Tucked away 6km off the R44 between Bettys Bay and Kleinmond, the Kogelberg Nature Reserve is one of the hidden gems of Overberg region. Considered the heart of the Cape Floristic Region, it is renowned for being home to the highest fynbos plant diversity in the region.
Top: Ceratandra atrata (Orchidaceae). Above: Lanaria lanata
This stunning 18 000 ha mountain wilderness is afforded the highest level of protection. It forms part of the Kogelberg Biosphere Reserve which was founded in 1999 and one of the world’s first biosphere reserves. More than 1 800 species of vascular plants are found here in the reserve’s Kogelberg Sandstone Fynbos. Shy Cape leopards roam these mountains, black eagles soar and Cape clawless otters are found in the rivers and streams.
Above: A variety of beautiful post fire blooms seen in the Kogelberg Sandstone Fynbos along the Palmiet River Trail in Kogelberg Nature Reserve.
But yet just 1.5 hour’s drive from Cape Town, this spectacular mountain reserve is surprisingly accessible to visitors. The longer Perdeberg and Kogelberg trails cater to more energetic hikers but the Kogelberg Nature Reserve also offers a far more gentle but no less rewarding option of the Palmiet River Trail. This gently undulating trail starts at the reserve office at Oudebosch and follows the river bank for 7 km along the valley floor, offering spectacular mountain views, summer swimming spots aplenty and a wonderful opportunity to get up close and personal with the Kogelberg’s extraordinary sandstone fynbos flora.
Top: Tritoniopsis parviflora. Above: Thereianthus bracteolatus.
In January 2019 the fynbos along the Palmiet River Trail burnt during the Bettys Bay fire. Fynbos vegetation is both fire prone and fire dependent, making it a challenging neighbour to live alongside when it inevitably goes up in flames. But over the last year since this fire that proved devastating for many in these coastal communities, residents from Pringle Bay, Bettys Bay, Kleinmond and beyond have watched as an extraordinary array of post fire flowers have grown from the ashes, and Kogelberg Nature Reserve has been no exception.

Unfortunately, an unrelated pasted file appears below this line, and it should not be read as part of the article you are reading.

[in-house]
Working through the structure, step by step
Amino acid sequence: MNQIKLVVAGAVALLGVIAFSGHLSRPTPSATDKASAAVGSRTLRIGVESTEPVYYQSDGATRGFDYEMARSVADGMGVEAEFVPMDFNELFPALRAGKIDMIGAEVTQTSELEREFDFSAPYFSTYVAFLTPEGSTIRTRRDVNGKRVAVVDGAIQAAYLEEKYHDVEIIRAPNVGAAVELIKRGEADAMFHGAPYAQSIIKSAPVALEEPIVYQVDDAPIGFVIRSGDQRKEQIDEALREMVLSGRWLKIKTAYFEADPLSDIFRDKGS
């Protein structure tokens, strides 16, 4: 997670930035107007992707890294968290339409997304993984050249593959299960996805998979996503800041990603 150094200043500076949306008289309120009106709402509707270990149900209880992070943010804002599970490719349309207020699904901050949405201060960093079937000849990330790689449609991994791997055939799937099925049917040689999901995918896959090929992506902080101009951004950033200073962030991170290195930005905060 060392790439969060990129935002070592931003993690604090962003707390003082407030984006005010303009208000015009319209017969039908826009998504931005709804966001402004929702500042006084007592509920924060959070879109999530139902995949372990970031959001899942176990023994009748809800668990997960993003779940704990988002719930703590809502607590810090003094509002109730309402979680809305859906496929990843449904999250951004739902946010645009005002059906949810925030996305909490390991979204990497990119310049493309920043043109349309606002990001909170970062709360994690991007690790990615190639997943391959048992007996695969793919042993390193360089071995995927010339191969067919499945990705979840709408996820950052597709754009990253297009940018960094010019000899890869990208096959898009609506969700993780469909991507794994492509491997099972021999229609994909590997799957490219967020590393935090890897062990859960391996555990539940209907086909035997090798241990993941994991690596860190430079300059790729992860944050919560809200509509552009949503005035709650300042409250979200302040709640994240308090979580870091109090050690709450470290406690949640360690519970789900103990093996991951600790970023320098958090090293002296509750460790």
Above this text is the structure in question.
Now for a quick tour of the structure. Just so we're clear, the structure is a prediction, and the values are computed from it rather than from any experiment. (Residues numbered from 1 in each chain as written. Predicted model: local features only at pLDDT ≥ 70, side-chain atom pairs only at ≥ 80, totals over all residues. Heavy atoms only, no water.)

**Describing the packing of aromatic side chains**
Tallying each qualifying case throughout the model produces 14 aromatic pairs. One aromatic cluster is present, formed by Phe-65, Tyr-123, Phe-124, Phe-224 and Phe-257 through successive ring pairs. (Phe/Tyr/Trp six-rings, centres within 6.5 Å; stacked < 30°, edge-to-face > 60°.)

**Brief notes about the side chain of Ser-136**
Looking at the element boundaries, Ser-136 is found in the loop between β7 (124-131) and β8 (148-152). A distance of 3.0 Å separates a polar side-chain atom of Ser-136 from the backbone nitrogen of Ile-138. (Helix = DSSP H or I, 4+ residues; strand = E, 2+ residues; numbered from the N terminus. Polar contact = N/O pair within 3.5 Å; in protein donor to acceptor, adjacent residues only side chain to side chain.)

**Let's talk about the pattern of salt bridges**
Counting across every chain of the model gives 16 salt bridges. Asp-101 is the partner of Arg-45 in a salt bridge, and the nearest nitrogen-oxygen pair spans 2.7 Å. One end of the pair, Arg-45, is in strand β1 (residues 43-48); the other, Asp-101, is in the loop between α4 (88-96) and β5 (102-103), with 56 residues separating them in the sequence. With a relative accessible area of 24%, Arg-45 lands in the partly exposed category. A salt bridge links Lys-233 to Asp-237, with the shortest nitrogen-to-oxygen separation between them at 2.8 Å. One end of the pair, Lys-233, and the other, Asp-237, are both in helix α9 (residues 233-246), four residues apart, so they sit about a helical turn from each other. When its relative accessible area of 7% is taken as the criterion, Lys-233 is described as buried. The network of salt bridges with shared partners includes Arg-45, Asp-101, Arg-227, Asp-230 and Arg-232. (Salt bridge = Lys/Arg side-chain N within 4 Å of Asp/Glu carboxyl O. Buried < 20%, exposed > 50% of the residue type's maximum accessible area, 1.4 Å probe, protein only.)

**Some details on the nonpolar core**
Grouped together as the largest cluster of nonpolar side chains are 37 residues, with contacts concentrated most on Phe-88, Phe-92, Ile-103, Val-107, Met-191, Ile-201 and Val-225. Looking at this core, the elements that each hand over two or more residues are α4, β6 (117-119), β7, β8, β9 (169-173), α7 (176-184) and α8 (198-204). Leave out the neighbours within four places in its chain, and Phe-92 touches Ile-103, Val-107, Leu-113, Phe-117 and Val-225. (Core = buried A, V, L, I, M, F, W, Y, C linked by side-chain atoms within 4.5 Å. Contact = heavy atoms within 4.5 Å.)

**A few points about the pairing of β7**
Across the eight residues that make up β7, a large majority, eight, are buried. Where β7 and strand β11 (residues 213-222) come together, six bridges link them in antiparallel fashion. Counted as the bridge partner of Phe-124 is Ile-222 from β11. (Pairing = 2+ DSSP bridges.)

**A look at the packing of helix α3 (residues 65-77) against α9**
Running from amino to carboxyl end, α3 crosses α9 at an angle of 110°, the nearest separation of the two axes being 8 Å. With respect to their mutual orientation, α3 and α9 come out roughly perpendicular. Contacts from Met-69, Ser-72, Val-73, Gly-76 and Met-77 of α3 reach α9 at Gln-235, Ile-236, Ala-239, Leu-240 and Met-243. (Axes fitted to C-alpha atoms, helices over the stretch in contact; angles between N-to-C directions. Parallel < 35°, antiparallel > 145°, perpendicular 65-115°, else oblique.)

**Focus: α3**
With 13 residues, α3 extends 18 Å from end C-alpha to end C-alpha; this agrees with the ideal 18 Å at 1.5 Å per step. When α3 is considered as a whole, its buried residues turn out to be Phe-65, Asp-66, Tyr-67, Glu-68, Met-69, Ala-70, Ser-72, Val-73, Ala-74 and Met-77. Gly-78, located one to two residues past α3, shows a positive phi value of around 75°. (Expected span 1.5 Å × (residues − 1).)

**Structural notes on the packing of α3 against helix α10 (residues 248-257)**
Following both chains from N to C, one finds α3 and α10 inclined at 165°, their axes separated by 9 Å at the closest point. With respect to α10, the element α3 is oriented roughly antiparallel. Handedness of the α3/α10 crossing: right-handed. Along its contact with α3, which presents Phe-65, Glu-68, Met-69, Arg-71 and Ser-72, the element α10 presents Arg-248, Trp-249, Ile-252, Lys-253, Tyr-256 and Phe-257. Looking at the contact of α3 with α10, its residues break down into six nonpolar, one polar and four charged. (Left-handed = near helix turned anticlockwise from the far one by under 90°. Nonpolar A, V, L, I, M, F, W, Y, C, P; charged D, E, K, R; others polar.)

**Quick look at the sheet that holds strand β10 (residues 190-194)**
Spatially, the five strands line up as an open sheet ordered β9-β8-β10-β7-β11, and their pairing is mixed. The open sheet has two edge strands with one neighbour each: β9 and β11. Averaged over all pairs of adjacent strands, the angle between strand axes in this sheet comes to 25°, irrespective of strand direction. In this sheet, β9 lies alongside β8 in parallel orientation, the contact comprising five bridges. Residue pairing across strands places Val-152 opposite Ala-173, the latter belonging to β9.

Above: Watsonia in bloom against the evening light in Kogelberg Nature Reserve.
While wandering along the trail, camera and field guide in hand, the plethora of wildflowers encountered in this extraordinary fynbos encourages slow progress and much time spent on hands and knees admiring these beauties up close. The fluffy white inflorescences of Lanaria lanata, also known as the kapokblom in Afrikaans, can be seen all along the trail from November to January, looking like fluffy lambs’ tails emerging from narrow serrated leaves with small honey-scented mauve flowers. Their flowering is strongly fire-driven.
Top: Disa racemosa. Above: Moraea ramosissima.
In the wetter areas early summer brought blooms from several relatively common but no less beautiful orchids, such as Disa racemosa with its spectacular pink flowers that arrive in fynbos throughout the CFR after fire. Along streams the cheerful yellow blooms of Moraea ramosissima could also be seen. The delicately veined purple blooms of the geophyte Therianthus bracteolatus, also known as Common Summerpipes, added to the fireworks of colour in the post fire fynbos.
Top: Tritoniopsis antholyza. Above: Disa bivalvata.
So why not head along and see this stunning mountain nature reserve for yourself? The Kogelberg Nature Reserve, run by CapeNature, is located off the R44 between Bettys Bay and Kleinmond. There is a 6 km unsealed road to reach the reserve office at Oudebosch where hiking permits can be purchased but it is well maintained and accessible to most sedan vehicles.
Above: The Palmiet River offers some beautiful swimming spots during the summer months, but care is strongly advised. Please avoid swimming when the river is flowing strongly (such as in the above photo) as currents can be dangerous.
Hiking permits can be purchased at Oudebosch (opening hours 7h30 to 16h00) with a conservation fee of R50 payable for adults and R30 for children or free for valid Wildcard holders. Card facilities are not available at the time of writing so please bring cash for any permit payments required. It is important to keep your permit on you at all times. Don’t forget to always hike well prepared, bringing along sufficient drinking water, snacks, sunhat and sunblock as well as warm clothes as the weather can change quickly in the mountains.
Top: Pillansia templemanii. Above: Schizaea pectinata (Toothbrush Fern).